From the moment I read Code Name Verity, I knew I had the buy Rose Under Fire the very day it got released. And with the size of my to-be-read list this is something I rarely do. However I made a rare exception and it was an excellent decision.
Rose Under Fire by Elizabeth Wein While flying an Allied fighter plane from Paris to England, American ATA pilot and amateur poet, Rose Justice, is captured by the Nazis and sent to Ravensbrück, the notorious women's concentration camp. Trapped in horrific circumstances, Rose finds hope in the impossible through the loyalty, bravery and friendship of her fellow prisoners. But will that be enough to endure the fate that’s in store for her? Elizabeth Wein, author of the critically-acclaimed and best-selling Code Name Verity, delivers another stunning WWII thriller. The unforgettable story of Rose Justice is forged from heart-wrenching courage, resolve, and the slim, bright chance of survival
Published by Disney Hyperion on 10 Sept 2013
Genres: Historical Fiction, YA
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While flying an Allied fighter plane from Paris to England, American ATA pilot and amateur poet, Rose Justice, is captured by the Nazis and sent to Ravensbrück, the notorious women's concentration camp. Trapped in horrific circumstances, Rose finds hope in the impossible through the loyalty, bravery and friendship of her fellow prisoners. But will that be enough to endure the fate that’s in store for her?
Elizabeth Wein, author of the critically-acclaimed and best-selling Code Name Verity, delivers another stunning WWII thriller. The unforgettable story of Rose Justice is forged from heart-wrenching courage, resolve, and the slim, bright chance of survival
My Recap :
Rose Under Fire tells the story of Rose who is a young pilot and a poet. While flying a plane back to the UK from Paris duing WW2, she is captured by German aircraft and ends up in a concentration camp for the remainder of the war.
My Thoughts :
I loved Code Name Verity but I had a fear that Rose Under Fire wouldn’t measure up as it’s a very different format. We didn’t have the mystery of that book but it really made no difference at all to my reading experience. Elizabeth Wein does something very special with words and imagery that just grabs my attention and fires my imagination.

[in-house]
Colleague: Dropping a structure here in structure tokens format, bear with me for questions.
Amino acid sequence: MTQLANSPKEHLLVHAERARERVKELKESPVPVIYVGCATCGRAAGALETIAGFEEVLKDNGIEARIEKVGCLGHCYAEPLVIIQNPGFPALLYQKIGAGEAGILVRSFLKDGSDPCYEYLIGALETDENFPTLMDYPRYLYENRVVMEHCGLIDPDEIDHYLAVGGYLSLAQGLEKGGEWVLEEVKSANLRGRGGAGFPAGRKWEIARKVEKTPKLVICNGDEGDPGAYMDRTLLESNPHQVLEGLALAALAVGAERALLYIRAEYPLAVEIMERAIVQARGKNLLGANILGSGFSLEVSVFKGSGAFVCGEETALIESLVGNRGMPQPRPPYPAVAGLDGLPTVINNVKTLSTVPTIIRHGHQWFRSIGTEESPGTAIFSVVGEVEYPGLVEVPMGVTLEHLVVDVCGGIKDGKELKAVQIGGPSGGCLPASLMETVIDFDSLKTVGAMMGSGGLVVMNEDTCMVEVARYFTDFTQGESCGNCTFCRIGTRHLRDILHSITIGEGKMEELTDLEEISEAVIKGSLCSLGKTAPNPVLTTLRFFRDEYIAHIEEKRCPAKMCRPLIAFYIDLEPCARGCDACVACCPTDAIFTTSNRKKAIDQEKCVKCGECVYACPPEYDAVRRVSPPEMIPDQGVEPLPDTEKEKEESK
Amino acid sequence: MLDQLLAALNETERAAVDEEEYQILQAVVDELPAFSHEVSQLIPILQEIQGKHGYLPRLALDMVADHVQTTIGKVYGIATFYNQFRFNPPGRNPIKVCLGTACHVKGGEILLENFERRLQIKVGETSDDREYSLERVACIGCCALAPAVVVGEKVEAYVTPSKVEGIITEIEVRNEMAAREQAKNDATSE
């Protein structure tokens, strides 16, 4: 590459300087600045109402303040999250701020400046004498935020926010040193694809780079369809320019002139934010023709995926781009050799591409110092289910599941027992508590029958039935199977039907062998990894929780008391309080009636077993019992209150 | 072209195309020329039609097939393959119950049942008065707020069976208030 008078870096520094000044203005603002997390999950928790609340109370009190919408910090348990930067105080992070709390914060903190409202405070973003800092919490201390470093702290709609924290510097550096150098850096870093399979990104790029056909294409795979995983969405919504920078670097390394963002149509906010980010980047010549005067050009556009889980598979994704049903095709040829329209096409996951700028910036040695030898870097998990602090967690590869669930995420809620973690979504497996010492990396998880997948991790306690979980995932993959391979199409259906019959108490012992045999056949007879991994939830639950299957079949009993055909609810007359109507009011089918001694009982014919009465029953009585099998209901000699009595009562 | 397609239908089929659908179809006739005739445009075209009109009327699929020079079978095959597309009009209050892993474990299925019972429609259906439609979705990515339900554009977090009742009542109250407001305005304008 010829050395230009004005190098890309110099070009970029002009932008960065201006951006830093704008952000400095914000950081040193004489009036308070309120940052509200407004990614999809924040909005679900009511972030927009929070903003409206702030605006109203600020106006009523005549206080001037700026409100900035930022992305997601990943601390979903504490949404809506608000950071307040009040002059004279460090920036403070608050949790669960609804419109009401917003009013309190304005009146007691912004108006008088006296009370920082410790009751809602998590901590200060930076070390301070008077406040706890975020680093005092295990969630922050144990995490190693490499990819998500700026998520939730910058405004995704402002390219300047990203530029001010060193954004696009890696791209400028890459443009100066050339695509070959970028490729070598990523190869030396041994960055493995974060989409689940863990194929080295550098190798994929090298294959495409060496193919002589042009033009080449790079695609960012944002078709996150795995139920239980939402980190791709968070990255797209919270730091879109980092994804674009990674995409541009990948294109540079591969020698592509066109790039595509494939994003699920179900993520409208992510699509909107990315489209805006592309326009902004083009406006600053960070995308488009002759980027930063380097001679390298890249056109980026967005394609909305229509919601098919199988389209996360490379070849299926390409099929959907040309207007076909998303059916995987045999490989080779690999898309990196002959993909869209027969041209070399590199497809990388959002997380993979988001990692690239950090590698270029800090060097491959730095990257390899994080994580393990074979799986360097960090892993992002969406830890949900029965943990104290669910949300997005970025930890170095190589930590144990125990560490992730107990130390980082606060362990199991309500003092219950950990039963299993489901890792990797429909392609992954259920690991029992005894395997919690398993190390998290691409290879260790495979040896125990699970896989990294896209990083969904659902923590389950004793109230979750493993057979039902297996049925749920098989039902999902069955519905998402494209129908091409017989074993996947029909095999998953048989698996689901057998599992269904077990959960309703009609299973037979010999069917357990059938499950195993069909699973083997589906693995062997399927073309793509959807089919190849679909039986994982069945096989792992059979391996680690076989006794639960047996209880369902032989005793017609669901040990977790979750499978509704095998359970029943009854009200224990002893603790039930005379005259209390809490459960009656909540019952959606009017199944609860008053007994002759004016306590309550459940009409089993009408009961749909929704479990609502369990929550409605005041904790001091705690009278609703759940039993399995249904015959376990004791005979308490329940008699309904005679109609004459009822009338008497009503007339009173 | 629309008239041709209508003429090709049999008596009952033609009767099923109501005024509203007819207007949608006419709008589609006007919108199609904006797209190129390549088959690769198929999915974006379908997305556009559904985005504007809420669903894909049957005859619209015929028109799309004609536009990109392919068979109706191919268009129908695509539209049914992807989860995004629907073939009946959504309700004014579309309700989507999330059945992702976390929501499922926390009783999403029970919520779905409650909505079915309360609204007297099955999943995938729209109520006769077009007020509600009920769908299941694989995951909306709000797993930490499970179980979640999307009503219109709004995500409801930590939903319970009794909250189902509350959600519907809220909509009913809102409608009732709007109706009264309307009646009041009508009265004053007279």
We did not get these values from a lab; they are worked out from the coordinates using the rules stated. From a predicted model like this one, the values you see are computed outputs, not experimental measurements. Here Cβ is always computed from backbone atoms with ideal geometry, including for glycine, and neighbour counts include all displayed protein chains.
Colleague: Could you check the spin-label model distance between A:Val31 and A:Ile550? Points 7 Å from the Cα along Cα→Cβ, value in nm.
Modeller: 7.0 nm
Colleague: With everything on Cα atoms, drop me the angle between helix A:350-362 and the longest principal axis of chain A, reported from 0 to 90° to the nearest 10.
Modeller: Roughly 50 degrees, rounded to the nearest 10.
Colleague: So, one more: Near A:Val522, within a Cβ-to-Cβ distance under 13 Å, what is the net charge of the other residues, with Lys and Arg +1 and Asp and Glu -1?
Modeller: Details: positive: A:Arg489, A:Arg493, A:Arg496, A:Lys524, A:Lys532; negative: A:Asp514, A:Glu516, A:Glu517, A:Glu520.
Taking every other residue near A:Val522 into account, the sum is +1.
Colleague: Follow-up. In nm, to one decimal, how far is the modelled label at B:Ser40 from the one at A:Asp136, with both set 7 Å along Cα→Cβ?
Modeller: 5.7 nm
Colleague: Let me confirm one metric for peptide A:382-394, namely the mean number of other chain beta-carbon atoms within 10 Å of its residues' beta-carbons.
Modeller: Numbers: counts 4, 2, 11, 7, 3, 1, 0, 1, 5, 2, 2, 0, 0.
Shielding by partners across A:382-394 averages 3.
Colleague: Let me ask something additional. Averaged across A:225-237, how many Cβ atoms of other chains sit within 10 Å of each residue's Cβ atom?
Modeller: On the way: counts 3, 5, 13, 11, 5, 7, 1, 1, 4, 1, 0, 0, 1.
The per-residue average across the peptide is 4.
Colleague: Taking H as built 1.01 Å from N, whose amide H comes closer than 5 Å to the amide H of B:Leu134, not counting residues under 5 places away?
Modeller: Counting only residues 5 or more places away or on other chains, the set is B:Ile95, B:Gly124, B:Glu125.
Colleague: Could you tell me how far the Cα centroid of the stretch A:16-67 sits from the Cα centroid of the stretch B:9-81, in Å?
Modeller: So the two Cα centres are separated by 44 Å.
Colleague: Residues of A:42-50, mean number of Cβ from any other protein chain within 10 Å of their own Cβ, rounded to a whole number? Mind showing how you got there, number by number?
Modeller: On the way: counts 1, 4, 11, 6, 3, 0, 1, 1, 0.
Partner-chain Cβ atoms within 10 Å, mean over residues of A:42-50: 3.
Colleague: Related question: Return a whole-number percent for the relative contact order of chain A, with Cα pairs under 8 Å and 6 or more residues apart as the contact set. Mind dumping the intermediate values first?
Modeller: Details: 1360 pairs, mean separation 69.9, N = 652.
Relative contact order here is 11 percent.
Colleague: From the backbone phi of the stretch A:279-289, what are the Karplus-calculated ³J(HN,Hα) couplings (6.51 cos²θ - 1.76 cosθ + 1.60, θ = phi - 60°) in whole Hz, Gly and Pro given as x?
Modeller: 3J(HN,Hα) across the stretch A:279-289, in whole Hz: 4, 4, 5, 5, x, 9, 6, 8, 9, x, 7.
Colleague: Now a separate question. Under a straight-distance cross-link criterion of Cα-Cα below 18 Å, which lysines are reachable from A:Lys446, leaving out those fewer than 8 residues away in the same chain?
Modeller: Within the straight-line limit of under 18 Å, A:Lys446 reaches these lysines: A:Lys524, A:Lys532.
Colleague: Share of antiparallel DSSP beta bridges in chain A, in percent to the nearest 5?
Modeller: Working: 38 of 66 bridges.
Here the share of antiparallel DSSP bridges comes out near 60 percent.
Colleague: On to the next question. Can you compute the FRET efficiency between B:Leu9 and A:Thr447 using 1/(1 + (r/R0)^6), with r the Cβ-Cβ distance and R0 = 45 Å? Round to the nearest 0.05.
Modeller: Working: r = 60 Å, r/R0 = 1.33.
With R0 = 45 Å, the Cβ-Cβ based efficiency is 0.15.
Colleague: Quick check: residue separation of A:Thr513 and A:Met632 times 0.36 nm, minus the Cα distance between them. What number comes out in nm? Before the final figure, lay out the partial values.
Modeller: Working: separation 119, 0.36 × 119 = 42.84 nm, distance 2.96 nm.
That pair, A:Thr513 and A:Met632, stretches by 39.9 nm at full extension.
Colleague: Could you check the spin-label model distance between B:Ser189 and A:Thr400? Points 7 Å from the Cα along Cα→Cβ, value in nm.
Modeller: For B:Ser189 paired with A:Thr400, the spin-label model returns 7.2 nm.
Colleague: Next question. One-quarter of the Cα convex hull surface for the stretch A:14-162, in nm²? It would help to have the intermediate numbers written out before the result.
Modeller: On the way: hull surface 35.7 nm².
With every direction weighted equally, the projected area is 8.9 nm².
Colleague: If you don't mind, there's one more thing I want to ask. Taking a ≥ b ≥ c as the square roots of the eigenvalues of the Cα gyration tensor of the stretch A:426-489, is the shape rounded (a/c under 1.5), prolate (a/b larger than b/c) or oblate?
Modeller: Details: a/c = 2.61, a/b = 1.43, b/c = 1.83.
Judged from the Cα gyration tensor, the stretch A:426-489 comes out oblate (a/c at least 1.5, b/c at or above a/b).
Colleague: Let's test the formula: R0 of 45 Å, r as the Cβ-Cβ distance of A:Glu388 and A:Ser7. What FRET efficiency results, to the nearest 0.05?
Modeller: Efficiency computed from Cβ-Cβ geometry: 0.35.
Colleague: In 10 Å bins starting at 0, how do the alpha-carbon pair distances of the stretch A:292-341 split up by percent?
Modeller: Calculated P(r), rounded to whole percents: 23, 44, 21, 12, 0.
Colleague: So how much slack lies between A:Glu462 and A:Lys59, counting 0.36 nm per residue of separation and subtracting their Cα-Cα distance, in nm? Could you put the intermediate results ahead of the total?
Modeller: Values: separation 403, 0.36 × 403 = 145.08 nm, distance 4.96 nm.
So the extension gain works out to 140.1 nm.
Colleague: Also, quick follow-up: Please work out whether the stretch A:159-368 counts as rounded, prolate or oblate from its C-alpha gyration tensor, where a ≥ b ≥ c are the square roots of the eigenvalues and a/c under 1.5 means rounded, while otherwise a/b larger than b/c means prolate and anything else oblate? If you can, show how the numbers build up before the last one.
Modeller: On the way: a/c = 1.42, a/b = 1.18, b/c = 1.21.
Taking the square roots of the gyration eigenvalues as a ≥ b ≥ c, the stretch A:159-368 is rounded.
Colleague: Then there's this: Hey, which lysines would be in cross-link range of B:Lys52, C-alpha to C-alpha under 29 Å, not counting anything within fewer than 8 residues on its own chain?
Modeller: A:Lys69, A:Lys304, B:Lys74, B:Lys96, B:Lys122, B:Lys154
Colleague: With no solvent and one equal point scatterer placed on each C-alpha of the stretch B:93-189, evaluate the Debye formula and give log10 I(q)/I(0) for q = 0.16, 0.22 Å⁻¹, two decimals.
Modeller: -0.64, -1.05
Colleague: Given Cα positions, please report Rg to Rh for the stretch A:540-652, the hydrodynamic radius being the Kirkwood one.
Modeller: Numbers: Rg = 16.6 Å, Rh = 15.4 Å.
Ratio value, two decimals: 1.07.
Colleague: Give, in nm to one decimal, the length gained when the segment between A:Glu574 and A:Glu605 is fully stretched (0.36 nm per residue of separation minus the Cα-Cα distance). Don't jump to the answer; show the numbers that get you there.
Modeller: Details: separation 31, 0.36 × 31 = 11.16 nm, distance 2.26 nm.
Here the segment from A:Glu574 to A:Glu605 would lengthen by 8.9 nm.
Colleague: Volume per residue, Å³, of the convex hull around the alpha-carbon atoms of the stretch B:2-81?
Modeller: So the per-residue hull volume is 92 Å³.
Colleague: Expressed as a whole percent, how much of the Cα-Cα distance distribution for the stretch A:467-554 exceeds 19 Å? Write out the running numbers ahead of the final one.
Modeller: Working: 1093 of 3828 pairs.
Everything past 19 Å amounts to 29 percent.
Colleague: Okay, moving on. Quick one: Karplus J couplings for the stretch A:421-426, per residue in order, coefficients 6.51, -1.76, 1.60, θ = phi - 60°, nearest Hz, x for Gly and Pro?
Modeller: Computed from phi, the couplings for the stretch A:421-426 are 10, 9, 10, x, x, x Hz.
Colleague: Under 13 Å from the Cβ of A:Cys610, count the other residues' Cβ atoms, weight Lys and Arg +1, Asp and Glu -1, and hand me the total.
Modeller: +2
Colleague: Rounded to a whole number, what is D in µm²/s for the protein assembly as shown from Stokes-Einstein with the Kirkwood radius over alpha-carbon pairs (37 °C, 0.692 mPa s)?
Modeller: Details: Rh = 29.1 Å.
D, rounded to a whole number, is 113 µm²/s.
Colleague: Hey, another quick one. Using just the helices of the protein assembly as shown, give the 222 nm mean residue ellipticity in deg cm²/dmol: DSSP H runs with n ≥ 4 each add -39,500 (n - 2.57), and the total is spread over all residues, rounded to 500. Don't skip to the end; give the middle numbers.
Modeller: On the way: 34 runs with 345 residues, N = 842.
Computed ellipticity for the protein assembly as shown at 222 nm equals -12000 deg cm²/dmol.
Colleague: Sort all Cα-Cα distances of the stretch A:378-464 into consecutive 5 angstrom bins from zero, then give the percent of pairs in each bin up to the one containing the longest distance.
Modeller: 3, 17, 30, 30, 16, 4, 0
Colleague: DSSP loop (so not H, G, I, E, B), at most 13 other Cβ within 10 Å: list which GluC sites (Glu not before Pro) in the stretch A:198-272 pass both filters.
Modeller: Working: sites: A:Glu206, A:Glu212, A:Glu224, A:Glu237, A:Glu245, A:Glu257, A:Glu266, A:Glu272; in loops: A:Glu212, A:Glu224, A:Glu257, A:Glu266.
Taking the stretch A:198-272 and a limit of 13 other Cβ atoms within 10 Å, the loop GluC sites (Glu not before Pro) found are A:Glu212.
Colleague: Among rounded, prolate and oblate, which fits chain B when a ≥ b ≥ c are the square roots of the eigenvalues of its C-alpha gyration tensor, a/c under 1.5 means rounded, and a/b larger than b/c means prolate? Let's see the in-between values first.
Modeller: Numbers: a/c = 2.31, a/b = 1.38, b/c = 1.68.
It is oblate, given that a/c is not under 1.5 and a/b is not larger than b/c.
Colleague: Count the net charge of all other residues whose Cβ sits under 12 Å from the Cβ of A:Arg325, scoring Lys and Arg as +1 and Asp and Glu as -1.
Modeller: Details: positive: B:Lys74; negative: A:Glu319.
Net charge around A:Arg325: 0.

The story of life in a concentration camp is ugly and harsh and hugely disturbing because you know it really happened. These are stories that should never be forgotten, never be under emphasised. It will make you think of countries around the world that are war torn and where horror stories are being lived right now. By uncovering, exposing and rehashing these unpalatable truths, I do feel only good can come. Power is knowledge and turning a blind eye does no good for anyone.
I wasn’t aware of the stories before of ‘The Rabbits’ – the women who had medical experiments done on them. Again not easy to read but so important to document. What I loved about this book as well as that it doesn’t end with Rose leaving the camp (not a spoiler – this is revealed at the start) but it covers life post camp. It also shows that in war, there is never black and white, both sides have good characters and redeeming characteristics.
The characters in Rose Under Fire shine in that there are no heroines. These are girls, ordinary girls and young women who are put into horrible situations and they find strengths that you could never imagine. They dig deep for internal resources and kick into survival mode. Rose uses her skills with words to bring comfort and joy to situations that seem hopeless. Her poems give all the women hope and the courage to survive another day. And not just survival but her words foster spirit and encourage small, victorious acts of brave rebellion.
I have to admit I was slow to connect with Rose, it took a few chapters but when I did connect, I really connected. I will never forget Rose and her words and her poems. I feel the writing in the book is a bit like Rose’s character – lyrical and intelligent. You have the contrast of Rose describing something like the sky and how beautiful and ordinary it all is compared with the brutality all around her. A beautiful sky with floaty clouds to look at as she stands on the spot for hours and hours frozen, tired, hungry and often naked during roll calls. And what hit me hard was her innocence before it all began and how quickly she had to adjust to her new world.
“The walls. Twenty feet high and fenced with electric wire and skull-and-crossbones warning signs. There were a lot of empty trucks parked around us, but you could see the walls behind them. I still hadn’t figured out I was inside these walls – it was because I’d been locked blindly in the truck when I came through the gate. I kept looking at the gages and thinking, Gosh, I hope I don’t end up in there, whatever it is. Dreading that I probably would, and blissfully unaware that I already was.”
The secondary characters are equally special especially Irina a Russian pilot and Roza a Polish teenager. Very different but both have depth and strength that make them shine. This book shows that family can be found anywhere and is not just down to bloodlines. Standing together, giving and receiving solace under the worst circumstances makes you a family too, bound together forever.
Overall, an amazing book that gave me lots of uncomfortable moments but was still a joy to read. Riveting and unforgettable.
Who should read Rose Under Fire?
Highly recommended to those who enjoy historical fiction and sisterly, all-in-it-together plotlines. If you enjoyed Code Name Verity, then you should also love this one.